The growth of technology has created an expansion in the fields of knowledge which are the subject of ‘expert evidence’ in the Australian courts.
Experts are now regularly called upon to give opinions about advancing technologies including encryption, and digital innovations like Bitcoin.
While witnesses can only generally testify about their personal observations, expert witnesses are permitted to express opinions derived from their field of expertise.
Section 79 of the Evidence Act 1995 (NSW) provides that:
(1) If a person has specialised knowledge based on the person’s training, study or experience, the opinion rule does not apply to evidence of an opinion of that person that is wholly or substantially based on that knowledge.
The case of Clark v Ryan  HCA 42 allows for expert opinions in respect of fields that are “… such that inexperienced persons are unlikely to prove capable of forming a correct judgment upon it without such assistance.”
Bitcoin as an emerging field
Created by underground technology enthusiasts in 2008, Bitcoin is a digital currency which operates between individual users, without control or interference by central banks or the state. Bitcoin-to-Bitcoin transactions are made by digitally exchanging anonymous, heavily encrypted codes across peer-to-peer (P2P) networks.
In 2015, 65% of the US general public was “not at all familiar” with Bitcoin. Of those who were aware, 84% had never used the currency. Of 3,148 Australians surveyed in April 2015, only one in three had any idea of what Bitcoin was. In 2014, about 1000 Australian businesses accepted Bitcoin payments, with the number growing steadily since that time.
Just as the ‘internet’ was difficult to explain when it first came into existence, Bitcoins are proving to be a confusing concept to jurors. This has led legal commentators to conclude that the technology falls squarely within the Clarke v Ryan principle.
Expertise in Bitcoin
A new Federal Court Practice Direction now requires reports to detail the qualifications of a person who professes to be an expert, including their training, study, or experience upon which their ‘specialised knowledge’ is based.
Despite their being no specific qualification for becoming an expert in Bitcoin – as may be the case for DNA or fingerprint analysis – it could be argued that expertise in Bitcoin may be derived from a range of fields including encryption, cryptology, finance, computer science, programming and IT security.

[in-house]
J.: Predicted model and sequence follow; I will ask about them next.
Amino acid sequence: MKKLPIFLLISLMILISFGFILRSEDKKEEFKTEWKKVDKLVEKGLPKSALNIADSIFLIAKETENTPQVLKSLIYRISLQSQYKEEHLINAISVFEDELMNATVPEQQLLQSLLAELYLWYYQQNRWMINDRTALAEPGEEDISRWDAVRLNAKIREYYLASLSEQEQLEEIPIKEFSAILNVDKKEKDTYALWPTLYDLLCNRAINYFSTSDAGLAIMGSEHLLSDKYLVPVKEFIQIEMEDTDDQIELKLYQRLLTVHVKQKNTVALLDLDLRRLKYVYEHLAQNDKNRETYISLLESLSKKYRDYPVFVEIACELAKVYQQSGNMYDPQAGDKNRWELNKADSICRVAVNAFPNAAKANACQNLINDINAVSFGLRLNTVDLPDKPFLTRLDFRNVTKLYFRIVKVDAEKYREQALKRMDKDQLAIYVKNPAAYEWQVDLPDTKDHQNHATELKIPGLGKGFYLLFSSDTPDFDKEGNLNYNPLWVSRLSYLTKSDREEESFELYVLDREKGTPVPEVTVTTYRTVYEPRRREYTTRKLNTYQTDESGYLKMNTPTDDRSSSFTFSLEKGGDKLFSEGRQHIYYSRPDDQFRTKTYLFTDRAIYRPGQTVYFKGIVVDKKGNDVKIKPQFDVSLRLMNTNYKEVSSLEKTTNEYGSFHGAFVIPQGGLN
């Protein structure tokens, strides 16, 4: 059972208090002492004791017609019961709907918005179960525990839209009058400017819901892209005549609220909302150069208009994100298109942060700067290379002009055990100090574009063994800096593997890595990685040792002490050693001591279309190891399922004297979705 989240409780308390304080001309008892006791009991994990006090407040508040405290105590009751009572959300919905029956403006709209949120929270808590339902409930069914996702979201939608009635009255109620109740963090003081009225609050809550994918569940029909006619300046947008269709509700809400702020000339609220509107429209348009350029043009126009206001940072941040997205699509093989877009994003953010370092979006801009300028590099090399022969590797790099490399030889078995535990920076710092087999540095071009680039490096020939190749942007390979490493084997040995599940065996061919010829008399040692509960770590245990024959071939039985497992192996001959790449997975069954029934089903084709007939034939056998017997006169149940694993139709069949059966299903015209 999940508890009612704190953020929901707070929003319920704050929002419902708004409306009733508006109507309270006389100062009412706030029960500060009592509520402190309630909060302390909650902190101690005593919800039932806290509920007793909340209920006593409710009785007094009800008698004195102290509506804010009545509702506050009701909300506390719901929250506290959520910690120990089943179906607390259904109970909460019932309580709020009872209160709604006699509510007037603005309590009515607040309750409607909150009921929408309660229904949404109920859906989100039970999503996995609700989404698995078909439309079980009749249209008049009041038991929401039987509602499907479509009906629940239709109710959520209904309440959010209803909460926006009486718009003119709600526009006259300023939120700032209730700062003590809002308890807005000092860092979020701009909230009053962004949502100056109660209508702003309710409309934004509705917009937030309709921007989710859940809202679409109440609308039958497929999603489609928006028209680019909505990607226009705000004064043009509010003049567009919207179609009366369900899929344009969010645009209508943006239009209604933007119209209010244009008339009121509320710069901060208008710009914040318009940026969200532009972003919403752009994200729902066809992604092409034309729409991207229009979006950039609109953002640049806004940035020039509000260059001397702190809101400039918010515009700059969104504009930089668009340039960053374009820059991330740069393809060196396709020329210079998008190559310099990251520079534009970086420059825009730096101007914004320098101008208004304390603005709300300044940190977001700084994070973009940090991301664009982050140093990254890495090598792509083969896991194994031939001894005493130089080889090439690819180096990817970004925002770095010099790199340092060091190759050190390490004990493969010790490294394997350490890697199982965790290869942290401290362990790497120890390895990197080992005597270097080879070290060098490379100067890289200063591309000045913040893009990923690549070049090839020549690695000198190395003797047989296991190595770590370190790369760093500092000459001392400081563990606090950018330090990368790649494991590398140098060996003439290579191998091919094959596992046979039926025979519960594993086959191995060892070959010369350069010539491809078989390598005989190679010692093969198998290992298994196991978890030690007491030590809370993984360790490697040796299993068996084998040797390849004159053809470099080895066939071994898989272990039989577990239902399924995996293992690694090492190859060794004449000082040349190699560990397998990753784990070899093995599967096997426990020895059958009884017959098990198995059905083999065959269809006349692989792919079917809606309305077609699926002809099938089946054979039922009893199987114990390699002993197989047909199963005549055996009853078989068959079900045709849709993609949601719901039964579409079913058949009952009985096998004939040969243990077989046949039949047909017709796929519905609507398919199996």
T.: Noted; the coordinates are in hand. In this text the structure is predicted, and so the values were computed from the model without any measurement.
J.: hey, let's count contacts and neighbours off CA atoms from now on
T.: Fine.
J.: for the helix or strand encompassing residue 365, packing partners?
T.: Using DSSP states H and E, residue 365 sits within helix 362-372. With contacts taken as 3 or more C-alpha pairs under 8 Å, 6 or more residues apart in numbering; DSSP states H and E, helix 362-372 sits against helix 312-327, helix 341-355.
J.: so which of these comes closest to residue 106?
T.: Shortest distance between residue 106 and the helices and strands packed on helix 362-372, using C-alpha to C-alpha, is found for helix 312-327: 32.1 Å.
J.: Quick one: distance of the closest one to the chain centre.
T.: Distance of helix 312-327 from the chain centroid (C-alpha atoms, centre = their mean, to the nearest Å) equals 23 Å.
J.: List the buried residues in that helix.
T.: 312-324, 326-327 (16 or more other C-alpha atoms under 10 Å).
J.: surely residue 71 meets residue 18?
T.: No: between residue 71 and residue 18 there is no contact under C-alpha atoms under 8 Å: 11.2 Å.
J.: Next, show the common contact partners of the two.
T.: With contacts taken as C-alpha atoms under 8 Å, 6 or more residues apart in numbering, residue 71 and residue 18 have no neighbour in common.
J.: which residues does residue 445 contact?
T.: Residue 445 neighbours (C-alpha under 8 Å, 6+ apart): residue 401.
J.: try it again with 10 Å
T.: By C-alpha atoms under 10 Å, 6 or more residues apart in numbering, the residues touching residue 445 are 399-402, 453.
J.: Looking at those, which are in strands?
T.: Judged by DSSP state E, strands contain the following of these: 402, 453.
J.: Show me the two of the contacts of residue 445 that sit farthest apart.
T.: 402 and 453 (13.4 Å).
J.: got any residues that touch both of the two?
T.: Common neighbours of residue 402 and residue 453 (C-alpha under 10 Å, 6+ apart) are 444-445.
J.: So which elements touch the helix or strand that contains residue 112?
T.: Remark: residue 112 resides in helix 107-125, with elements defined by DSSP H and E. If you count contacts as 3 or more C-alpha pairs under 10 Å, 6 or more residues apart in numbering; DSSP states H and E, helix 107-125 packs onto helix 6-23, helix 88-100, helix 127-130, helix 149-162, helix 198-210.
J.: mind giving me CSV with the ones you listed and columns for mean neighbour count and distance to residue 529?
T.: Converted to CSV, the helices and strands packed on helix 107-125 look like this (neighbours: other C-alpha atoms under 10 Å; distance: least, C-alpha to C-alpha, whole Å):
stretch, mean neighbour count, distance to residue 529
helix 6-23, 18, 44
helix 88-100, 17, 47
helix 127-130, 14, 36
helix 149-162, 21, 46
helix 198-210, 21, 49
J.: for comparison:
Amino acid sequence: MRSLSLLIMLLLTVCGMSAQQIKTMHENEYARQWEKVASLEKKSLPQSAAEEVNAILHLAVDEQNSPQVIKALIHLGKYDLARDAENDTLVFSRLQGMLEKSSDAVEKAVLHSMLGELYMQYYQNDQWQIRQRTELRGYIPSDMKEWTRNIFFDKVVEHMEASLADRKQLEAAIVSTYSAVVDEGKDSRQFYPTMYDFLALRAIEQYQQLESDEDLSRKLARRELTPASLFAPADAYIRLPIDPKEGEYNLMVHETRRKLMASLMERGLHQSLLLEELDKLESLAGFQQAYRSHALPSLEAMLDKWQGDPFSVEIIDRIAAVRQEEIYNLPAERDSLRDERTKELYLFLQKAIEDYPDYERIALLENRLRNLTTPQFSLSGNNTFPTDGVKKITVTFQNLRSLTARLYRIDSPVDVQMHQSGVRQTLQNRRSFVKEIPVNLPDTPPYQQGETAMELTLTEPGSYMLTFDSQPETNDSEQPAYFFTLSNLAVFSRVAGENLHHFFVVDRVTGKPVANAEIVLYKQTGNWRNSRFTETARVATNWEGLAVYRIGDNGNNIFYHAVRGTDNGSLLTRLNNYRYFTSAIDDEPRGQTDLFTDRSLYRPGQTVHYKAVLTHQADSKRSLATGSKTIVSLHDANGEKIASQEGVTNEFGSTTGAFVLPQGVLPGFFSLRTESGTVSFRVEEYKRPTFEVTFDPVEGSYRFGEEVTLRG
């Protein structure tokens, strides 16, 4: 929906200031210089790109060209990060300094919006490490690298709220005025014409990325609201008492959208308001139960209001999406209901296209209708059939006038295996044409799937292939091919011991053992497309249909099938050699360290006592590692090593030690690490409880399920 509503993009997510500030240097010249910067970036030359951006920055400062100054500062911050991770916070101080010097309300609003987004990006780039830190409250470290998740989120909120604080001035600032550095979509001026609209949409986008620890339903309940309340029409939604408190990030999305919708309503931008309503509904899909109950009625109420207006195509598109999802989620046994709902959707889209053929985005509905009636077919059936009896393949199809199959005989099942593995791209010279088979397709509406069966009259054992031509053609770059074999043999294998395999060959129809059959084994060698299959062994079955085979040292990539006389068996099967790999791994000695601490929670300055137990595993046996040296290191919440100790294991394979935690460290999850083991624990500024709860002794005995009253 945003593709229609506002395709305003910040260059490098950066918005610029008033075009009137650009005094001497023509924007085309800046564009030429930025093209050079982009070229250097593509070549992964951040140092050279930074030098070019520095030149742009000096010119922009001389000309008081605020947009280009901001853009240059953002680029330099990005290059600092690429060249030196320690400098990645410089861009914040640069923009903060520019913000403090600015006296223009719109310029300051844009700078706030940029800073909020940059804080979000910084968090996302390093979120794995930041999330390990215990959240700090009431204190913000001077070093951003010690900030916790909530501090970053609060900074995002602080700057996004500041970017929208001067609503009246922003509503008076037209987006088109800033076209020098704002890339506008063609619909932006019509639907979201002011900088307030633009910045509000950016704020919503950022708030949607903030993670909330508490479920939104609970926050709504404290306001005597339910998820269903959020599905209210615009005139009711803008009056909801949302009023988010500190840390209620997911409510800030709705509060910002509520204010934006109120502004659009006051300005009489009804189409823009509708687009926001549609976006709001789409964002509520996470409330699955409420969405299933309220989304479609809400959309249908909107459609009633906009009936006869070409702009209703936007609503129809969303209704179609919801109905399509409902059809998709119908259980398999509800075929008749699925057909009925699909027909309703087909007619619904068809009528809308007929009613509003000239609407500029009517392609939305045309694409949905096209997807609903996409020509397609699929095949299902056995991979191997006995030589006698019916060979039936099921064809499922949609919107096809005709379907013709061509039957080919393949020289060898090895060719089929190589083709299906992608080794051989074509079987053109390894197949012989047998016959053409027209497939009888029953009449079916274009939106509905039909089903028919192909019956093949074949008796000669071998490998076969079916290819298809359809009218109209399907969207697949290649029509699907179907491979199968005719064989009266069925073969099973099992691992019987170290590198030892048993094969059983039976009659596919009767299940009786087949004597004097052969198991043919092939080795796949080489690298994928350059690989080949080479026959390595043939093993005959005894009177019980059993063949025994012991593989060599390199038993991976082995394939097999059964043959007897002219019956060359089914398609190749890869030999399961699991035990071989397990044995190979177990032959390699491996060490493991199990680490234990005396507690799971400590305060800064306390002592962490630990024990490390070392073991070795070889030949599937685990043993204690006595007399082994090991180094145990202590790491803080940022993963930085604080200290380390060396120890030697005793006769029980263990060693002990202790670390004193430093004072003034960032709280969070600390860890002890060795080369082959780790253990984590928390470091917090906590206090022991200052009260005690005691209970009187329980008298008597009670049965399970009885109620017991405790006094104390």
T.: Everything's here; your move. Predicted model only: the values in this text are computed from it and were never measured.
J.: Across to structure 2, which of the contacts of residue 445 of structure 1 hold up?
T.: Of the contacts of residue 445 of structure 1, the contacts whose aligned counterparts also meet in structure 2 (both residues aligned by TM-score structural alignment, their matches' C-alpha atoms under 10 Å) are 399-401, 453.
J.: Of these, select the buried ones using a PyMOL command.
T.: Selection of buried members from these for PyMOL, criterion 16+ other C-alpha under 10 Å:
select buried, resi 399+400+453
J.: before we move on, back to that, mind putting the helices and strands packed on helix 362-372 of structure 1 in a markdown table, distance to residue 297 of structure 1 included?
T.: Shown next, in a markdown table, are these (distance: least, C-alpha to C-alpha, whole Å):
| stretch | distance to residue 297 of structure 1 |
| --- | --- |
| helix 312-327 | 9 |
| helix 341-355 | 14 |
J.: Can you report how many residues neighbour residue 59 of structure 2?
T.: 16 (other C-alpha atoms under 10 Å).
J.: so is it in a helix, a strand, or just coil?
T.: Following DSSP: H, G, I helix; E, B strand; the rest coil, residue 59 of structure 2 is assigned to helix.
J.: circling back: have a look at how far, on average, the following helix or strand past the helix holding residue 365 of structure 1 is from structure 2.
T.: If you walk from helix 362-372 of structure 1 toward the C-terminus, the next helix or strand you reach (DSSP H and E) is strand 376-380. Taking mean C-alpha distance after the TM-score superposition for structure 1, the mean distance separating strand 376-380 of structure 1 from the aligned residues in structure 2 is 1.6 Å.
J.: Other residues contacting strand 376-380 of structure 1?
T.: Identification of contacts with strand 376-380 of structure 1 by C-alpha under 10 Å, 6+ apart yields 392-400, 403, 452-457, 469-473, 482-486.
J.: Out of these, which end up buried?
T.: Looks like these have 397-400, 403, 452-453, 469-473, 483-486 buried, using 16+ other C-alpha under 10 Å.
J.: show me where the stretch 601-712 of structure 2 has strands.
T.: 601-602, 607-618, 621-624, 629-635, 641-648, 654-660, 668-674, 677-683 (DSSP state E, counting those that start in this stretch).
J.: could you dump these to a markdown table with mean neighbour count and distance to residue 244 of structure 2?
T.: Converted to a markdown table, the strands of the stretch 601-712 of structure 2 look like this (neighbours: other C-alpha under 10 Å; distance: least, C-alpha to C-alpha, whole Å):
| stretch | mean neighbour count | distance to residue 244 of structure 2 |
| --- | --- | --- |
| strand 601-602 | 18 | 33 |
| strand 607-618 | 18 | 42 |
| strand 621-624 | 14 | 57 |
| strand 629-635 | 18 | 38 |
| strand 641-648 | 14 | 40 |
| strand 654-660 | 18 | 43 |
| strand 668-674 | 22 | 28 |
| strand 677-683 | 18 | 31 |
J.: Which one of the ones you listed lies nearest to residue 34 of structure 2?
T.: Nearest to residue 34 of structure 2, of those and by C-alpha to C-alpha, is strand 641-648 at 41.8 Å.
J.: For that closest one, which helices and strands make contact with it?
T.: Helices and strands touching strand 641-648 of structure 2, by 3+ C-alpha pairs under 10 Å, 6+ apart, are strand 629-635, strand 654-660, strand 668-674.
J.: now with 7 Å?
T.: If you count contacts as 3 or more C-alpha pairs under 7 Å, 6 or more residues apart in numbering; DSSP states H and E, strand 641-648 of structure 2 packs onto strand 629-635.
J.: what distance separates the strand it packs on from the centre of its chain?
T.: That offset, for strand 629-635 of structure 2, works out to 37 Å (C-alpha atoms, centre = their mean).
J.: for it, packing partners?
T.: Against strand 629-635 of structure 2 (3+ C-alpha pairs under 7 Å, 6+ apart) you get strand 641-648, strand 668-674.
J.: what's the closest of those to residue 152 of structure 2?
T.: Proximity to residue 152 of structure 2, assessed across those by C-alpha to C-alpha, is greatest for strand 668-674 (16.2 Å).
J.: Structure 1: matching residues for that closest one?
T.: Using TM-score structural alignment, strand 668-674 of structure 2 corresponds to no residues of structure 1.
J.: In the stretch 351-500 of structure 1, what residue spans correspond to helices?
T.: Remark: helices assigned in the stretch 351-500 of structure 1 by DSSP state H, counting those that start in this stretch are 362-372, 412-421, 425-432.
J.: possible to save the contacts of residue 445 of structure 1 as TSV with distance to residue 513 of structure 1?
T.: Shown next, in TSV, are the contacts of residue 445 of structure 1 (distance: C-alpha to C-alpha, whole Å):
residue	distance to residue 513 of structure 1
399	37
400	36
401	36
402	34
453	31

Acceptable fields of expertise
US courts require a field of expertise to be specific and well-established before being capable of forming the basis for an expert opinion.
The rationale for the requirement is that ‘junk science’ should be excluded from court proceedings, as its use can lead to false findings.
The US ‘Daubert’ standard of admissibility takes into account:
- Empirical testing;
- Peer review and publication;
- Known or potential error rate;
- The maintenance of standards and controls concerning its operation; and
- General acceptance by a relevant scientific community.
There is no such ‘field of expertise rule’ in the Australian Evidence Acts. Indeed, the NSW Court of Criminal Appeal specifically excluded the requirement in the case of R v Tang  NSWCCA 167.
An expert does not, therefore, need their field be ‘reliable’ in order for their opinion to be capable of use in an Australian court. They need only to possess some particular specialised knowledge beyond that of a layperson, and their opinion must be based wholly or substantially on that knowledge.
Lack of a ‘reliability’ rule
The US National Research Council Report in 2009 asserts; “In a number of forensic science disciplines, forensic science professionals have yet to establish either the validity of their approach or the accuracy of their conclusions, and the courts have been utterly ineffective in addressing the problem.”
Recent examples of junk science in Australian Courts include facial mapping, voice recording, and hair and bite mark comparison, none of which have been scientifically validated.
In R v Tang, the facial mapping expert admitted that she was not aware of any validation of her methods. She agreed that the appearance of facial features can be altered by photographic angles, motion blur, lighting, and the translation of data format, none of which she had studied in the case. In spite of this, she “was not prepared to admit that she could be mistaken.”
This poses a significant problem because forensic scientists are often seen as an absolute authority for their opinion. Rhona Wheate suggests that the TV popularisation of forensic science has created the impression that forensic evidence is ‘irrefutable and always leads to convictions’.
In Honeysett v R  HCA 29, for example, rather than relying on conflicting eye-witness evidence, the jury relied on body-mapping by anatomist Professor Henneberg. His comparison of the accused to CCTV footage required no formal qualifications though, meaning that his subjective impressions were given undeserved weight.
Defence lawyers may lack the knowledge to acknowledge these weaknesses in emerging fields, making it difficult for juries to make rational evaluations. Researcher Greg Edmond further commented that the accused should not be responsible for exposing fundamental limitations within expert evidence called by the state.
In this regard then, there must be more protections for defendants from this unfair burden of proving the limitations of opposing experts. Standards of admissibility must account for reliability, or else the Court will continue to allow junk science to influence jurors, increasing the risk of wrongful convictions.